Currently, I have delved back into Trigger Warning, his most recent collection of short stories. I forgot how dense it was. Each of the stories is wonderfully imaginative. I am still a sucker for The Return of the Thin White Duke, his nod to David Bowie and Nothing O’Clock, his nifty Doctor Who story.

During the pandemic, I saw him do a virtual reading of Click-Clack the Rattlebag that was pretty spooky. Overall, Trigger Warning is a compendium of great stories culled from various sources.

He is doing a speaking tour right now, and I would love to see him, but I’m not sure how the money shakes out.

I was not expecting much from The Batman. I wasn’t really intrigued by the trailers and thought another version of the franchise was redundant.

However, I must admit that this new incarnation of the Caped Crusader plays out like a neo-noir. It is gritty, brutal,l and dark. It also captures the detective feel of the comics which has been missing from other films.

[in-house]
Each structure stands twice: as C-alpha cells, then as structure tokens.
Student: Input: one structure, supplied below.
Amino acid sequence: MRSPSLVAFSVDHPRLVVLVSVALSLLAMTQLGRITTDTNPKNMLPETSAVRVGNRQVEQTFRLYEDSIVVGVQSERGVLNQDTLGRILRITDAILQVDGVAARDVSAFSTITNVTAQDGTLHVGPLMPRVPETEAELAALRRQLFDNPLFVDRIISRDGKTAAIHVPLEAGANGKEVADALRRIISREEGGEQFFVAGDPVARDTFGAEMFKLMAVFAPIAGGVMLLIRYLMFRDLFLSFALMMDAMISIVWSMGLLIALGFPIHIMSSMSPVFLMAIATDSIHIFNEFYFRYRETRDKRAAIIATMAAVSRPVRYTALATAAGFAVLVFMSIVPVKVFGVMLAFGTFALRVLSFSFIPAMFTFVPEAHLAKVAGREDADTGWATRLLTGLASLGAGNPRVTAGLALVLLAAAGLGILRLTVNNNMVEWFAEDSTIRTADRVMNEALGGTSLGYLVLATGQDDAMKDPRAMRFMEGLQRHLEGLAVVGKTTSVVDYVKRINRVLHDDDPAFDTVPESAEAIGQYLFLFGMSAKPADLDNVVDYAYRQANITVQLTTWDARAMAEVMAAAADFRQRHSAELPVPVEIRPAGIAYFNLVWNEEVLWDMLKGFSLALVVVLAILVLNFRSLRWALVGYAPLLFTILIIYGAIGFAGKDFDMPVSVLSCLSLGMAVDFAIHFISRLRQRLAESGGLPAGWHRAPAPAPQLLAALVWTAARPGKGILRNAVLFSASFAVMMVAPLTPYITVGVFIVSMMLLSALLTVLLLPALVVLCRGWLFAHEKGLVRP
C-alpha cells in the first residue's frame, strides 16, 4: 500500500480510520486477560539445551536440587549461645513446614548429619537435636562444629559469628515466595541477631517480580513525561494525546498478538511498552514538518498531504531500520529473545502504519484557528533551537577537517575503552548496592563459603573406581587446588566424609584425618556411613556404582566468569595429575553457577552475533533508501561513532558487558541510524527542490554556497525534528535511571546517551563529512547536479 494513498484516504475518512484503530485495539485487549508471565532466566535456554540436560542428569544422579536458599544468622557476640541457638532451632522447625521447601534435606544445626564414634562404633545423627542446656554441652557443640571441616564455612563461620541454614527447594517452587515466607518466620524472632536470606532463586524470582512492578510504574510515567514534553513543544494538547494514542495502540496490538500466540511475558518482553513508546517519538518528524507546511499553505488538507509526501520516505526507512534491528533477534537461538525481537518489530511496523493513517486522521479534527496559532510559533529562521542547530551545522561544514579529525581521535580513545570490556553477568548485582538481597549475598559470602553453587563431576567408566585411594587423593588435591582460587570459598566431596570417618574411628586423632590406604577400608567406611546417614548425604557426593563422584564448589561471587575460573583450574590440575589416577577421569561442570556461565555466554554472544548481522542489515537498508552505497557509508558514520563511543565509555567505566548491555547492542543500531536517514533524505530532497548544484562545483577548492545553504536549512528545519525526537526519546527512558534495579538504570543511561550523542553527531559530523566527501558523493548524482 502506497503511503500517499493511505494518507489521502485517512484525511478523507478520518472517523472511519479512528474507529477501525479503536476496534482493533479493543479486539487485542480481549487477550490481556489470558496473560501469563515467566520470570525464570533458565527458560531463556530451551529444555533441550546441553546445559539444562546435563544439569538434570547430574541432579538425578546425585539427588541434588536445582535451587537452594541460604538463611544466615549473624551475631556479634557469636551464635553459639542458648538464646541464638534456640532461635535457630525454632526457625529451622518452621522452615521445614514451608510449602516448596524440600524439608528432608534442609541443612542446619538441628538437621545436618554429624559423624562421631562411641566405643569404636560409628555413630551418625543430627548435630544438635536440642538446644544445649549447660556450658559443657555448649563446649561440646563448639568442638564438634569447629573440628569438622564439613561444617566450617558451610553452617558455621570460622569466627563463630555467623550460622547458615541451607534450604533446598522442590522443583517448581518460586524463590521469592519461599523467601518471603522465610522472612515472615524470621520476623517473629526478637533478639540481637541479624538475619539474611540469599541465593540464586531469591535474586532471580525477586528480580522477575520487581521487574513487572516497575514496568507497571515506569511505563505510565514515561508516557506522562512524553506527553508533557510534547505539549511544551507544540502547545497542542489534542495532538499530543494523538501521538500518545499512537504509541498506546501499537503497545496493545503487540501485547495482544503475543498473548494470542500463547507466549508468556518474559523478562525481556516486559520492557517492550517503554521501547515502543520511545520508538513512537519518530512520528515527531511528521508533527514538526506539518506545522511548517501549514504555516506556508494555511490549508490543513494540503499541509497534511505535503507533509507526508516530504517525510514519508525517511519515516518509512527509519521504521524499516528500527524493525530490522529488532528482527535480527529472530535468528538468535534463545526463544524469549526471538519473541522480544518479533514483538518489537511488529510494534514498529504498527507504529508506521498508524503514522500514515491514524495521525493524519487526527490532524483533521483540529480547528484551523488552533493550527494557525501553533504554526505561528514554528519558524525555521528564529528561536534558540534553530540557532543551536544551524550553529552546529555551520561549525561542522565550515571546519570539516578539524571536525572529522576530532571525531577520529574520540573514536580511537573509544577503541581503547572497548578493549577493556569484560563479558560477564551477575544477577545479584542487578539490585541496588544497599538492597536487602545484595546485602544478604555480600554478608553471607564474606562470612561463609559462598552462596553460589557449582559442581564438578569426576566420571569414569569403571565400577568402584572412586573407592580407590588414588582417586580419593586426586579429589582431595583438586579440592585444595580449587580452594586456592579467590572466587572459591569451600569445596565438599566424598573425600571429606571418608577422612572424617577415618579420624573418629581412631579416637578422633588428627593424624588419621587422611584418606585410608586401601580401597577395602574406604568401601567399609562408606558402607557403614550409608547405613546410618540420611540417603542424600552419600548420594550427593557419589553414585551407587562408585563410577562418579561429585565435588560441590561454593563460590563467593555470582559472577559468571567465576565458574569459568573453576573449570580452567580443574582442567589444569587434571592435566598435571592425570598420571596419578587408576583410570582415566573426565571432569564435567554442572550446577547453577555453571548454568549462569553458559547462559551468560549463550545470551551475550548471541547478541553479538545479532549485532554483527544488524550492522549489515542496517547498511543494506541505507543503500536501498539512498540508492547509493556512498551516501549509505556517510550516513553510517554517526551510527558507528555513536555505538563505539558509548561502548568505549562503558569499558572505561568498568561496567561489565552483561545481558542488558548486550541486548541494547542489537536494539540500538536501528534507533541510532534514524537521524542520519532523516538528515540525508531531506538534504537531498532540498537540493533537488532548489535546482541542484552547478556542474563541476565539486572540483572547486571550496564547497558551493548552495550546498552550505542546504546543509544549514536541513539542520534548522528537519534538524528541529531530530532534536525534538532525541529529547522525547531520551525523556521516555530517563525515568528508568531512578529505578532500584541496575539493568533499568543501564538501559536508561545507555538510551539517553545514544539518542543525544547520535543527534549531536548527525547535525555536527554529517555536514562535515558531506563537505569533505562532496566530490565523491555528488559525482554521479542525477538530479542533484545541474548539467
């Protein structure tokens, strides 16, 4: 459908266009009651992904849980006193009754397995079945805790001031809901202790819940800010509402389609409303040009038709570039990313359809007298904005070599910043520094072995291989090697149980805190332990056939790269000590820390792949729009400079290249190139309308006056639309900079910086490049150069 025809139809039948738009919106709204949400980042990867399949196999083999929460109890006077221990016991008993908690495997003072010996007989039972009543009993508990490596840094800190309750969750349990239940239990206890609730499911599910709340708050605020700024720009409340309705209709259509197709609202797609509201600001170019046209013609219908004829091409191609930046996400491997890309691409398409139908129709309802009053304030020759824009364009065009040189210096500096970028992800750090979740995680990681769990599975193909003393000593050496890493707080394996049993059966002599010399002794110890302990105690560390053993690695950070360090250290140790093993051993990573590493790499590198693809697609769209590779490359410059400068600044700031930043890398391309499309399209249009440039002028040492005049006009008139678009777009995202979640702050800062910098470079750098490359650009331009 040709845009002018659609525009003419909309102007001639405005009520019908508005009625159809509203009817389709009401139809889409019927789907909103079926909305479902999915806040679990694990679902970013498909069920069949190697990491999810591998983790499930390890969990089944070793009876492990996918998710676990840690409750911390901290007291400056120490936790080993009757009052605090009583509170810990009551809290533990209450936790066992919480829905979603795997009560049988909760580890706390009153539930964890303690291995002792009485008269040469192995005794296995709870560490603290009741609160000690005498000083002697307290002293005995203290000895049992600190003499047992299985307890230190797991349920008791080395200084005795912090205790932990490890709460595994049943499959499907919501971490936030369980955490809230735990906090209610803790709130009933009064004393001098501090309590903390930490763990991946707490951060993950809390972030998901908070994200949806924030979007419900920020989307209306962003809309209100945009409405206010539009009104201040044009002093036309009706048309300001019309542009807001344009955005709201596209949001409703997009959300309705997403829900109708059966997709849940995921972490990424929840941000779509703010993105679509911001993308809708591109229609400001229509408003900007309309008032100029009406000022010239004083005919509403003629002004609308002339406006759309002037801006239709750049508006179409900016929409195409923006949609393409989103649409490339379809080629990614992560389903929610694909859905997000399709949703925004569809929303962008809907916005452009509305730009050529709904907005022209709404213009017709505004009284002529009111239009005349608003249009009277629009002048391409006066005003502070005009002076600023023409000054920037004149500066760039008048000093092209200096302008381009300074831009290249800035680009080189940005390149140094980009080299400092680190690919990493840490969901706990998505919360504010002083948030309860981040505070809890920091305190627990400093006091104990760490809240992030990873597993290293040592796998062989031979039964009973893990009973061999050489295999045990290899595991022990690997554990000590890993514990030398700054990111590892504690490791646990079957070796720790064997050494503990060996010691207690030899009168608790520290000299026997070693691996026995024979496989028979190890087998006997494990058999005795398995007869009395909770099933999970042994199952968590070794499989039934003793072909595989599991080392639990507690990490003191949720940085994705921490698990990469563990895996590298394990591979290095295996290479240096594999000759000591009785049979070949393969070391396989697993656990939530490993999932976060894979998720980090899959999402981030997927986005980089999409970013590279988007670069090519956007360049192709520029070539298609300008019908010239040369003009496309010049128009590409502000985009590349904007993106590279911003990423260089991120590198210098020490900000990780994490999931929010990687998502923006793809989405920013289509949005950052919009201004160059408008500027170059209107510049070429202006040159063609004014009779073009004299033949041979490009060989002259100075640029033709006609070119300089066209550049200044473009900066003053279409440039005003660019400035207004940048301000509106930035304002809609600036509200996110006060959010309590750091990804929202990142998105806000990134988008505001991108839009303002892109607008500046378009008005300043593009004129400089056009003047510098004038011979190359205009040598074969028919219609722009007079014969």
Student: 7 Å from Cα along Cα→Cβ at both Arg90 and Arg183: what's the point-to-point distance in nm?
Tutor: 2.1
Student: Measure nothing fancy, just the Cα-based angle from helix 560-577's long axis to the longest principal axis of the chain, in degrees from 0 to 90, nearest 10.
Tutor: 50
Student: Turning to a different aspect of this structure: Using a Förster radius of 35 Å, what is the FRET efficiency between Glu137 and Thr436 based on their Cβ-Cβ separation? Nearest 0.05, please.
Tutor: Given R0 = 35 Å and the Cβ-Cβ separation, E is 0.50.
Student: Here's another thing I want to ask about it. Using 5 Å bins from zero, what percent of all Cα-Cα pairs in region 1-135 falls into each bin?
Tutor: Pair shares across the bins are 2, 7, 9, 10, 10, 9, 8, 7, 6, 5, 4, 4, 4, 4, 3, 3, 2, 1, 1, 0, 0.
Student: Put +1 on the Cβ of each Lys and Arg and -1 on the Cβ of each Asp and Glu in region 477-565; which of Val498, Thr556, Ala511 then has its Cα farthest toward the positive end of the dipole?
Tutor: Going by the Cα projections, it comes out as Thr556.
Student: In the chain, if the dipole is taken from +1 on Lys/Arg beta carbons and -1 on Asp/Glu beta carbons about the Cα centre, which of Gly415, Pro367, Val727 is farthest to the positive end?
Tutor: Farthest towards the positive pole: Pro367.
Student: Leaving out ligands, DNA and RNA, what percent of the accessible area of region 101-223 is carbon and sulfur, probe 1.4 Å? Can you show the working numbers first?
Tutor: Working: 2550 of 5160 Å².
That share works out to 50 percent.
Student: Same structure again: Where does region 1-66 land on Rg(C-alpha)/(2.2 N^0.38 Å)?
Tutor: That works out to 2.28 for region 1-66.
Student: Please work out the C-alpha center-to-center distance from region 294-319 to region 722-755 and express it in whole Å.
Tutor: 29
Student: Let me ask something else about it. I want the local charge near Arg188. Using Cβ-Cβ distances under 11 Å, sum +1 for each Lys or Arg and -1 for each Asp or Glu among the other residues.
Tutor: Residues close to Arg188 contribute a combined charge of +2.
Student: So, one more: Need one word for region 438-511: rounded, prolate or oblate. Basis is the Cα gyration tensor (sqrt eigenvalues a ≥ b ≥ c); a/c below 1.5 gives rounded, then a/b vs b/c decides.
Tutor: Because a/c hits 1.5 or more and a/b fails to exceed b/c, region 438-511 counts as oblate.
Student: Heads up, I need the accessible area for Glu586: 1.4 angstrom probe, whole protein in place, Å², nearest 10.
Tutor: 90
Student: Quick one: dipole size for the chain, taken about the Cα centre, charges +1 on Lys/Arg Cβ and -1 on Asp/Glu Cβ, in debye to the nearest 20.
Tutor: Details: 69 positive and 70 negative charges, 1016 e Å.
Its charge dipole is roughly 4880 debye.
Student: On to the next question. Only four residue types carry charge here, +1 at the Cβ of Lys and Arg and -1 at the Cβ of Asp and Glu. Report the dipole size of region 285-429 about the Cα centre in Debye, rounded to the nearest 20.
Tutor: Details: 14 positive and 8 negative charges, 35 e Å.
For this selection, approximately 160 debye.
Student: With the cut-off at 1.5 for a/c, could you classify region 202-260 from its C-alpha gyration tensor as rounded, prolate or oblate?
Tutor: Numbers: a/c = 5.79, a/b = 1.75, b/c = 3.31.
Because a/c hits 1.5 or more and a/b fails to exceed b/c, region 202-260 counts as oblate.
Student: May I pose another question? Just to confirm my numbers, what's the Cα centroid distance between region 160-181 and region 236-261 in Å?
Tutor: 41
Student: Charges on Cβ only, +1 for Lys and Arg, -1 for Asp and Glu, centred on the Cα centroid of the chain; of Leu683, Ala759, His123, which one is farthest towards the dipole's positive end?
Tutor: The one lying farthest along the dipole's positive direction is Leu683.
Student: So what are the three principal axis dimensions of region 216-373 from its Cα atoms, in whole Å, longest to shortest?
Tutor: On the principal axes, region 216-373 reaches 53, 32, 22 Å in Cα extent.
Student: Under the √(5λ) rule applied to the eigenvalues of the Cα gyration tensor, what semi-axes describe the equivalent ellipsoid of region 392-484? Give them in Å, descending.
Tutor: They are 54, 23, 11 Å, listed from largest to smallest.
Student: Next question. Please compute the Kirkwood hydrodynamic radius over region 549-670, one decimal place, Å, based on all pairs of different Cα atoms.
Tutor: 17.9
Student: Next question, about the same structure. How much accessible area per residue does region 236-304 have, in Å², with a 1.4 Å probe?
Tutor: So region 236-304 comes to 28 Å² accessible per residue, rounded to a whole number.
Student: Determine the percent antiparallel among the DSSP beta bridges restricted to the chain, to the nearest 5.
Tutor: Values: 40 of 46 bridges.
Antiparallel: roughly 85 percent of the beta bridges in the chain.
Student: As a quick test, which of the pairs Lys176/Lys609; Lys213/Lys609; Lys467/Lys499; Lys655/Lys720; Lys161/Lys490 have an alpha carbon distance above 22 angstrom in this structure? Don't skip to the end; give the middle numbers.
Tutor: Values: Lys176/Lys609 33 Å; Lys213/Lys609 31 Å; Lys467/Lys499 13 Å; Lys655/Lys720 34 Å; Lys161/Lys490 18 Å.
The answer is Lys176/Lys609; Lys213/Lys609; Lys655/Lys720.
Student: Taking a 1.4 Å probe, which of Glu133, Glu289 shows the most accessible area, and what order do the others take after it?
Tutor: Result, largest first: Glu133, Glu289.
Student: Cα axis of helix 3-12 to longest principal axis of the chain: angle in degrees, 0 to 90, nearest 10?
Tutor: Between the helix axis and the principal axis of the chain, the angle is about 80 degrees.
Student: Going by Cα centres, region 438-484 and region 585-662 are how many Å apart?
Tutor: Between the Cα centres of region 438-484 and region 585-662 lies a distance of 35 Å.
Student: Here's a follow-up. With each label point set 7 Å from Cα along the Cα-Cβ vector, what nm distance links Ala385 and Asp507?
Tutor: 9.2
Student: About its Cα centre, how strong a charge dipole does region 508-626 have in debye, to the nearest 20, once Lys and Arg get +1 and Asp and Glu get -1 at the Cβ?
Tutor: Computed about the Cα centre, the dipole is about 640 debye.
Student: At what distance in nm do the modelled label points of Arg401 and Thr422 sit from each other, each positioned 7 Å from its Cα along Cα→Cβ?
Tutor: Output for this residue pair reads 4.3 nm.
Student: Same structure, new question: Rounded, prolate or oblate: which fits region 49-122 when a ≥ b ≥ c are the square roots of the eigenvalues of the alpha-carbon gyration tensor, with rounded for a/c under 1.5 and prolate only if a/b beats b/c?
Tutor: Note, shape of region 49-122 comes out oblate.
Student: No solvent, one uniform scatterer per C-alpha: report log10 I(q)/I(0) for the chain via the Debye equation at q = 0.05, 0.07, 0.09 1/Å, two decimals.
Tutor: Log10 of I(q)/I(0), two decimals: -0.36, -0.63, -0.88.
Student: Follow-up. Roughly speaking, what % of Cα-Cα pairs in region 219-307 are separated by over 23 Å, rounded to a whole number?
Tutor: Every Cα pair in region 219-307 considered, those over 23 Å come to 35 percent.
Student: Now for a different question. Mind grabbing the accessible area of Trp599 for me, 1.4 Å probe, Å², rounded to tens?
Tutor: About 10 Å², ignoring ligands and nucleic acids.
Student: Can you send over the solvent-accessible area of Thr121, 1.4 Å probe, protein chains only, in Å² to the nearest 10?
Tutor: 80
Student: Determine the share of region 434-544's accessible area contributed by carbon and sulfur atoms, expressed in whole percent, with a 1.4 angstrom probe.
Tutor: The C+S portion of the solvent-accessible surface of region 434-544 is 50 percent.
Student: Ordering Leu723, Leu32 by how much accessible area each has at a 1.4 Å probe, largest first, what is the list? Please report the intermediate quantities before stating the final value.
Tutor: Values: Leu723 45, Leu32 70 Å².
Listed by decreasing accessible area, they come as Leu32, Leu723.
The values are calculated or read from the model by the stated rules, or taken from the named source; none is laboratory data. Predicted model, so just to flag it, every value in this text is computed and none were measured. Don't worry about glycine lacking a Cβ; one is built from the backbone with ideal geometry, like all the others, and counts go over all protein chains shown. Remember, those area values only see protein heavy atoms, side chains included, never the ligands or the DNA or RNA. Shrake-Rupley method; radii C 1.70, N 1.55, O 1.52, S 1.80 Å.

While it has a ridiculous end scene that causes the film to run 15 minutes too long, this mashup of mafia film, cop drama, film noir, and superhero flick captures the grimy aspects of the comics without compromise.

Colin Ferrell damn near steals the film as the Penguin, and Jeffrey Wright is terrific as Jim Gordon. Robert Pattinson’s sulky emo antics got a bit tired, but I am hoping he ups his game in the next films as Bruce Wayne develops further.

Paul Dano is pretty creepy in everything. Here he lets it all loose. Thankfully, they took the Riddler out of the stupid clothes of the comics and cartoons. Now he looks more menacing and contemporary.

Hey, if you are looking for something to listen to and love music, check out Modern Musicology, a podcast that I am on. It has been a lot of fun to do and I hope you check it out. Each week we discuss an interesting topic. Tune in and dig it!

With the cold weather seemingly behind us, I am so looking forward to reading outside in the sunshine again. I like Spring. It is not too hot and it usually features a bevy of interesting new records.

However, what I really want this spring is for an end to the madness and unhinged terror of the world to subside. maybe it will be replaced with kindness and lemonade. I doubt it. But it would be nice.